Thrive Pet Healthcare, a veterinary care network with more than 380 hospitals in 37 states, reminds dog and cat owners that year-round parasite prevention is crucial to safeguard not only their beloved pets but also the humans they share their homes with.

Fleas, ticks, and mosquitoes don’t care if you walk on two legs or four, they’ll happily bite anyone in the household.

“Fleas, ticks, and mosquitoes don’t care if you walk on two legs or four, they’ll happily bite anyone in the household,” said Dr. Kelly Cairns, vice president of Medical Excellence and Education at Thrive Pet Healthcare in a news release. “These pests can easily hitch a ride on people, other pets, or even enter through open doors and windows, putting your family at risk of bites and potentially serious illness.”

Fleas and Ticks

Many flea- and tick-borne illnesses that affect dogs and cats can also affect humans. Bites from ticks infected with Lyme disease or Rocky Mountain spotted fever can lead to serious health conditions. Although less common, fleas can transmit infections and diseases to both pets and humans, including plague and murine typhus.

According to the Centers for Disease Control and Prevention, about 467,000 Americans are diagnosed with Lyme disease each year, but only a fraction is officially reported. Lyme disease is present in all 50 states, with regions in the Northeast at higher risk.”If you have a dog or cat, chances are higher that you will encounter fleas and ticks than households without pets, making it incredibly important to have your pet on a year-round flea and tick treatment,” said Dr. Cairns. “Veterinarian-prescribed preventatives are the best way to reduce the likelihood of your pet bringing fleas and ticks into the home and protect pets from harmful parasite-related illnesses.”

Mosquitoes

Dogs and cats can contract heartworm disease, a potentially life-threatening illness carried by mosquitoes. Heartworms are spread by mosquito bites and can grow up to a foot long, residing in the heart and lungs of the pet. 22 mosquito species in the U.S. carry heartworm, active at different times of the year.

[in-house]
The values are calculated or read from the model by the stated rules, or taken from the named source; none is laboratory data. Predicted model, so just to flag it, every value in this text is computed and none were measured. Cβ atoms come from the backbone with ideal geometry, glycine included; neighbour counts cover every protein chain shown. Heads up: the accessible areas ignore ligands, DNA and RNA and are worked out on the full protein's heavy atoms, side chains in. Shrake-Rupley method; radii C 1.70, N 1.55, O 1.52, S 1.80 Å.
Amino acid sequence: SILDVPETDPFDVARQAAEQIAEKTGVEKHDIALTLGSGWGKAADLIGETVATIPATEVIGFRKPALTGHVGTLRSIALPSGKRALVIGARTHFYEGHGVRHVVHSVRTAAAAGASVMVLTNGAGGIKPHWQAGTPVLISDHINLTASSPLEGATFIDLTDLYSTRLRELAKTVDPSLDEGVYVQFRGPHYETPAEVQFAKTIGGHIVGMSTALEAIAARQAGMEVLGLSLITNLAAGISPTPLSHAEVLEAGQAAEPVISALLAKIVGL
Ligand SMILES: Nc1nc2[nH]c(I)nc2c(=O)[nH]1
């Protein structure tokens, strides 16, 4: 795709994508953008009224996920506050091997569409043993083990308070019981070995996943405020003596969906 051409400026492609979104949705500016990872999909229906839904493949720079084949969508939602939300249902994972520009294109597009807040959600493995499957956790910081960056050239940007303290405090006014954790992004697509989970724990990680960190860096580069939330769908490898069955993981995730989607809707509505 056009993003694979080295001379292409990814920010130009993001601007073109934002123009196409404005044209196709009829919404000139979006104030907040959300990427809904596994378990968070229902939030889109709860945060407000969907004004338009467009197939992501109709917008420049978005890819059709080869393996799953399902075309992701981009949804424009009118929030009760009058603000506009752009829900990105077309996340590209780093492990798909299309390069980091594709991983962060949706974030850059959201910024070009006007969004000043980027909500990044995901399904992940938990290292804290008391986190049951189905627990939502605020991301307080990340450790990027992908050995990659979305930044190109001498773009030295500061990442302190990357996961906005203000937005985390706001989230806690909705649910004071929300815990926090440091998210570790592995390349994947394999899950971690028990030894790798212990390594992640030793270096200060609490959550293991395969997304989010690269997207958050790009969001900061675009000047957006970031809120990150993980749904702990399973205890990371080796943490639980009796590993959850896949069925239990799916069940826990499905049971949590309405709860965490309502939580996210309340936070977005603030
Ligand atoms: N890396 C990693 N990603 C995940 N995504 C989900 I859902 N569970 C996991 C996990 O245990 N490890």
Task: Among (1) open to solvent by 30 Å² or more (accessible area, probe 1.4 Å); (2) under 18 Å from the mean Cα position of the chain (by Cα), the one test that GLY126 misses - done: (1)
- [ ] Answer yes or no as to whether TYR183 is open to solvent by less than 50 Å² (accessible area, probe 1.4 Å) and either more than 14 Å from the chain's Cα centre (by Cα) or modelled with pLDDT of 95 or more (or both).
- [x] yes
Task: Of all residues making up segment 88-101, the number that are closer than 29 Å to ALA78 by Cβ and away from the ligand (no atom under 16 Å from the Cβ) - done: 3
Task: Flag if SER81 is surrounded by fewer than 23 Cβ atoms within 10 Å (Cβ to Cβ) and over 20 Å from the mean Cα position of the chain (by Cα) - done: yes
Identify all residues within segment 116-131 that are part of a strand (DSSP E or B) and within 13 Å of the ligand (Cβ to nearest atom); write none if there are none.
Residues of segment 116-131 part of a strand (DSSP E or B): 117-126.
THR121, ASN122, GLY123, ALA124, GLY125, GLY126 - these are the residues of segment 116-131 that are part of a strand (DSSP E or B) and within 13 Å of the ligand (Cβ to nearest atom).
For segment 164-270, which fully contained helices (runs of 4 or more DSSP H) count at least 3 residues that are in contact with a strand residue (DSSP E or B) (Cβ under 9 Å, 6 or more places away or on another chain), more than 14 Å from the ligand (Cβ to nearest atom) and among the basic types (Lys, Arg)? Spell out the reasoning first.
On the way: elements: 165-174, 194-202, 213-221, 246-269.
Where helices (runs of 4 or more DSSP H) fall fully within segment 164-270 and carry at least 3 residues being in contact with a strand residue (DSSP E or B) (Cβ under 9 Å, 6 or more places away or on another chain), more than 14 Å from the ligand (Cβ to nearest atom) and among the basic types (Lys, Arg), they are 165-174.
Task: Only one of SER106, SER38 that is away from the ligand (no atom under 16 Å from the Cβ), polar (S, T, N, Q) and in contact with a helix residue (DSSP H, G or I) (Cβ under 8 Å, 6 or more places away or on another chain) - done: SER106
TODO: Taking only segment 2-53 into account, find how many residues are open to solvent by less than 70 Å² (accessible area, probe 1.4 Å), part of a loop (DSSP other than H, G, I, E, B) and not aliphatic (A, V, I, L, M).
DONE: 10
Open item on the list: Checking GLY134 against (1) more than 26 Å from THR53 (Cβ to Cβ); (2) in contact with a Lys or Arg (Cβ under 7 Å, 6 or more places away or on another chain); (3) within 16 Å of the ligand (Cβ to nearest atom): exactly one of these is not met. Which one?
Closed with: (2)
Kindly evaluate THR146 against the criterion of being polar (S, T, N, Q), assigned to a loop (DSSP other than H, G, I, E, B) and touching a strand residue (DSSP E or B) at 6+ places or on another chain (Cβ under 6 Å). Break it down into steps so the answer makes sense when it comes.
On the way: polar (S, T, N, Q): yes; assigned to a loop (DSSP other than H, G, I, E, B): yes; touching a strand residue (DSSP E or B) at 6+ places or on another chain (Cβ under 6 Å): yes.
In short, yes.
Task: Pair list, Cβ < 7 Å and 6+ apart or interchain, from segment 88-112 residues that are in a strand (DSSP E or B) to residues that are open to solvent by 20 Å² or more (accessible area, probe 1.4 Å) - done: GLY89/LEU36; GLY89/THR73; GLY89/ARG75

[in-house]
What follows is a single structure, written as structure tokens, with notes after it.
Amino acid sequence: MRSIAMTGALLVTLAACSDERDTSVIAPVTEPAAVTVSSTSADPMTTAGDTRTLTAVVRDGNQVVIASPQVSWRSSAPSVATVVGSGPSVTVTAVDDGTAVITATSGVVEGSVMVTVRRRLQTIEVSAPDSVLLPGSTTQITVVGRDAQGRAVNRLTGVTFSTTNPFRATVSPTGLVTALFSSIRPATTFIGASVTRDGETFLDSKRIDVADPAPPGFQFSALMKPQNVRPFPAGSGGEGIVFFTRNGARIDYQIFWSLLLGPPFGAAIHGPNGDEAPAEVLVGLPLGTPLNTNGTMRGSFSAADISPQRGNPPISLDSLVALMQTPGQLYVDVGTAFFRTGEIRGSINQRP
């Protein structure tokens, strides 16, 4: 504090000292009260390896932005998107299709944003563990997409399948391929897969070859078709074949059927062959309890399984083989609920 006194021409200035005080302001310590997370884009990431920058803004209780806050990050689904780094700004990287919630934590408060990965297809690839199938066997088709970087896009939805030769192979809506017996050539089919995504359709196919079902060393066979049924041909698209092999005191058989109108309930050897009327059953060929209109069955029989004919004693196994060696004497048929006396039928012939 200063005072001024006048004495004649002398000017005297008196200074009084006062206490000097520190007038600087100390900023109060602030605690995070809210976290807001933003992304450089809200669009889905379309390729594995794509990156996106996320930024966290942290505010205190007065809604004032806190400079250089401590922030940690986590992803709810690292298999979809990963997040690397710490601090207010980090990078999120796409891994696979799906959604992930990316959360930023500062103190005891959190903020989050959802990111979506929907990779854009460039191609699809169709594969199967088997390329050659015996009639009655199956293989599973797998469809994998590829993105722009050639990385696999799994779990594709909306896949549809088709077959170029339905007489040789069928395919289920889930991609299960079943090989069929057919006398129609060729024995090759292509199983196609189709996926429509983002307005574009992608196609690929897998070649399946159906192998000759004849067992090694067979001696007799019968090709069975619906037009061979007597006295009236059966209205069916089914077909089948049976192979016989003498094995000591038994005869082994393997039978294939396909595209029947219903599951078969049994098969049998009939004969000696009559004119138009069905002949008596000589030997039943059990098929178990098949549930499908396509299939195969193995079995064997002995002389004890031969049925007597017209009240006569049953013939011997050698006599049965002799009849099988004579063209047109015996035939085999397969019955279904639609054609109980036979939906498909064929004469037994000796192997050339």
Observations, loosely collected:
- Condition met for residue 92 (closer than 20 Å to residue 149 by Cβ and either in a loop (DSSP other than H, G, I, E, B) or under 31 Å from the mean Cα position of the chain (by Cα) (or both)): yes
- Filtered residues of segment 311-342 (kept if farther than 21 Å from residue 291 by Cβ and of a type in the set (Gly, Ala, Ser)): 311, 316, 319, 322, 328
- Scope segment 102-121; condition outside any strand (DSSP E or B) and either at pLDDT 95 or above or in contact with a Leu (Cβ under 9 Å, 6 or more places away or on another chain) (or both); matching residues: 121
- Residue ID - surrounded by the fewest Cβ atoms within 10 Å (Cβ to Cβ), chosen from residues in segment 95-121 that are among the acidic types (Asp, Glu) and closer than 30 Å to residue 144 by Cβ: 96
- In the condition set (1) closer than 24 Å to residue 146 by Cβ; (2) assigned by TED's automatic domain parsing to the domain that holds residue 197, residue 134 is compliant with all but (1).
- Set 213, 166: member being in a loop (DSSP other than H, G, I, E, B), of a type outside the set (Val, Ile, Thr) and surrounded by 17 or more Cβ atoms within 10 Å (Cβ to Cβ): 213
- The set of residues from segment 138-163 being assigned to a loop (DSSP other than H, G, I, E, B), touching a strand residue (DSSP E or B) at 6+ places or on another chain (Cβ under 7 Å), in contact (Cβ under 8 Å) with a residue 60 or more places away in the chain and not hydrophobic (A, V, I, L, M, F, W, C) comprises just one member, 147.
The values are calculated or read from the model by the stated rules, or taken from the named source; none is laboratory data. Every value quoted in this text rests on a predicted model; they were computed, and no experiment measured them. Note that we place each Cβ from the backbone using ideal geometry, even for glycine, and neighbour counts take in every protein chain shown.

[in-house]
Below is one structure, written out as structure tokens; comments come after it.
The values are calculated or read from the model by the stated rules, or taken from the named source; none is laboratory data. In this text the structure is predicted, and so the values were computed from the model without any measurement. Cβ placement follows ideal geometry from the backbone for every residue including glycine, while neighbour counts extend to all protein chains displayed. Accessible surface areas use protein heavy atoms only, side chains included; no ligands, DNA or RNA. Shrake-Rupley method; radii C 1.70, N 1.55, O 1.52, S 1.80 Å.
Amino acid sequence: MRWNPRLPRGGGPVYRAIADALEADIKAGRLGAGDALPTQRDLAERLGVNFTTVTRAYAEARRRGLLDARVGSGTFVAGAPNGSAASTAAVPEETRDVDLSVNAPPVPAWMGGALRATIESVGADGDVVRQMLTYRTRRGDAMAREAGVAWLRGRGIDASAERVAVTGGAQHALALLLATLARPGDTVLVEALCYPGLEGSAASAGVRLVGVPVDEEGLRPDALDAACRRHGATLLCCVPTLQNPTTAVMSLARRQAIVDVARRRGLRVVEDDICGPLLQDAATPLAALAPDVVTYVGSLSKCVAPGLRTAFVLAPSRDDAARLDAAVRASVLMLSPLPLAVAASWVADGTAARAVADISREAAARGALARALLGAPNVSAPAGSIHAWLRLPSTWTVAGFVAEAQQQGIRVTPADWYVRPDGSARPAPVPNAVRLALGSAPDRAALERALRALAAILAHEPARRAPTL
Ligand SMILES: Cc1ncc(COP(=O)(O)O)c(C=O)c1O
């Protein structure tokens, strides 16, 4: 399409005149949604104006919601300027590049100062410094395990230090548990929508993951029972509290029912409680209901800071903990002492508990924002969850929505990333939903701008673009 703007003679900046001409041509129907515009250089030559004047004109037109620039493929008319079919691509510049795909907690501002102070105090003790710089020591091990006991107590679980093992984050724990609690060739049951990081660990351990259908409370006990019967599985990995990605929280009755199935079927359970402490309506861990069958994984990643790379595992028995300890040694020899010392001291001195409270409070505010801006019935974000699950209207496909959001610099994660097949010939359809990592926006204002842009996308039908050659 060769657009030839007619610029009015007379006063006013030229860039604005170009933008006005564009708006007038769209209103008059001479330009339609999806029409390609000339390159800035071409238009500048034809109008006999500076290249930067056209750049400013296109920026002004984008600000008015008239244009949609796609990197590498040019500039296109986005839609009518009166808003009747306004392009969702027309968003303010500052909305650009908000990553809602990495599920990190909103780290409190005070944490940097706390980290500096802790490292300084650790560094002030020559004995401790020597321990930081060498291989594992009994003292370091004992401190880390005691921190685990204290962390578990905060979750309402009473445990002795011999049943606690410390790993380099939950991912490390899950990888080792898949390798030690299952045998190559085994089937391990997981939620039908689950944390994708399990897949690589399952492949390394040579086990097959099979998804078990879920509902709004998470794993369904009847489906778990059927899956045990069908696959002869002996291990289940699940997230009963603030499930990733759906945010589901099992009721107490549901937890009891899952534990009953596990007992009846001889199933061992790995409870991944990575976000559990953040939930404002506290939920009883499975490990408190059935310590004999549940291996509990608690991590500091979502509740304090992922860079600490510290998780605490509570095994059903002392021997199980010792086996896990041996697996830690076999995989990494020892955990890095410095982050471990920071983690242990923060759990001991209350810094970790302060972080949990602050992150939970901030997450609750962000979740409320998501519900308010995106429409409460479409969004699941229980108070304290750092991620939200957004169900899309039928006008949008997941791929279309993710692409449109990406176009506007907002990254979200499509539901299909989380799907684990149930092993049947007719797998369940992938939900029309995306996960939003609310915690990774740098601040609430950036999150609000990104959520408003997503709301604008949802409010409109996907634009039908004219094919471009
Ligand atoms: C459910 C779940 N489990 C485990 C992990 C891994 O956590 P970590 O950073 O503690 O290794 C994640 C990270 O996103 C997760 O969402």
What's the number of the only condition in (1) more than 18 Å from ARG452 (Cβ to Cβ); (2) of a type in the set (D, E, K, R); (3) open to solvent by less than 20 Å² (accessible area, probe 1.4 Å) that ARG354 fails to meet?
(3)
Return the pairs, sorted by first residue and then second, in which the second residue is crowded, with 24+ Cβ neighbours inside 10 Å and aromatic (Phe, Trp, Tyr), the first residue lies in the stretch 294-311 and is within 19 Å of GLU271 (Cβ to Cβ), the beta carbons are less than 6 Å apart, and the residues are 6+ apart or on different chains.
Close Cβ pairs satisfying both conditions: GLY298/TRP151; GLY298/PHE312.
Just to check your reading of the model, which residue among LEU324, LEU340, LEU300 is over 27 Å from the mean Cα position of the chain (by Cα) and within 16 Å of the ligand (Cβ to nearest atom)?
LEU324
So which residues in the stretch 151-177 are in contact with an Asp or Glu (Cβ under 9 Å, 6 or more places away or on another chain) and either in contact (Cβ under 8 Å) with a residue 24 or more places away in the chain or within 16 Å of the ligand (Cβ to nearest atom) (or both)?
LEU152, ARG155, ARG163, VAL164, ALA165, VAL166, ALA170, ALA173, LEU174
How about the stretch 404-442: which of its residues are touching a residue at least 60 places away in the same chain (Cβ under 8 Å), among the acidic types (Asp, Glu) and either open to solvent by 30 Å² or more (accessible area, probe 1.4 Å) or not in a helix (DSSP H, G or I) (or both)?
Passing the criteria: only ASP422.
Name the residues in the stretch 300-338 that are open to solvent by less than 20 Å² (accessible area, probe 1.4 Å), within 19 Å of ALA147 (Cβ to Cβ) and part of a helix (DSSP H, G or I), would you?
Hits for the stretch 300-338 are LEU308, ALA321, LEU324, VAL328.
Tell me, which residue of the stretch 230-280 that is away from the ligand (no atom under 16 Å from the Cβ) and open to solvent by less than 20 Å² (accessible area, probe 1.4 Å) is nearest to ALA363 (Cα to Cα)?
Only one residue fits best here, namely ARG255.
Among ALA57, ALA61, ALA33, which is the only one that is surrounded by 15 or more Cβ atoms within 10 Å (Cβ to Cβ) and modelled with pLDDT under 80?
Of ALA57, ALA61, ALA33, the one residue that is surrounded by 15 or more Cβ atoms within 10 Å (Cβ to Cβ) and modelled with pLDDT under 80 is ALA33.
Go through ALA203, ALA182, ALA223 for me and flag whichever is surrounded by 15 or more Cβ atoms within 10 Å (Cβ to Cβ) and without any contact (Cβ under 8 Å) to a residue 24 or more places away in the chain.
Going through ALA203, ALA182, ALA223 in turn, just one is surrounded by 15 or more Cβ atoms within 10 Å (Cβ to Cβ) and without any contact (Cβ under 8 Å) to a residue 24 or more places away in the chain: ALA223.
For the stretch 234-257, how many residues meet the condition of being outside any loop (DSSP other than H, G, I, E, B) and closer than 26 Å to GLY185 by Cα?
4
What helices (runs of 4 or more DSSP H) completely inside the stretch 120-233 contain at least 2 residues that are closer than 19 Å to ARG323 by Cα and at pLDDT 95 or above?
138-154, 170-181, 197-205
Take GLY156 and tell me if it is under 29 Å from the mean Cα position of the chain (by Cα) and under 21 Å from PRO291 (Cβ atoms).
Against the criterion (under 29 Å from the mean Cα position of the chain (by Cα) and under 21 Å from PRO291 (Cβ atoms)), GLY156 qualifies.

“It only takes one bite from an infected mosquito for your dog or cat to get heartworm disease,” said Dr. Cairns. “Once infected, treatment can be costly, with possible side effects and no guarantee of success. Ultimately, the risk of infection and high cost of treatment outweigh the cost of prevention.”

Heartworm disease is present in all 50 states, but regions in the South and Northeast are at higher risk than others. The symptoms are often unnoticeable until irreversible damage has been done. In 2022, over 200,000 pets in the U.S. were diagnosed with heartworm disease.

Debunking Myths about External Parasites

Myth: Indoor pets are not at risk.

Many parasites are mobile and can easily enter homes through doors, and windows, or are carried in by people or other pets.

Myth: Parasites are not a problem for pets during winter.

Climate unpredictability and warm indoor temperatures create breeding grounds for parasites. Also, pet owners who travel with their pets could potentially expose them to parasites.

Myth: Ticks die in winter.

Depending on the species and life cycle stage, ticks survive winter by hiding in leaf litter in wooded areas or latching onto hosts.

Myth: Some parts of the U.S. are not at risk of parasites.

Heartworm is found within mosquitoes in all 50 states. Wherever there is soil, grass, moisture, or vegetation, there is a potential for mosquitoes, fleas, and ticks.

Source: Thrive Pet Healthcare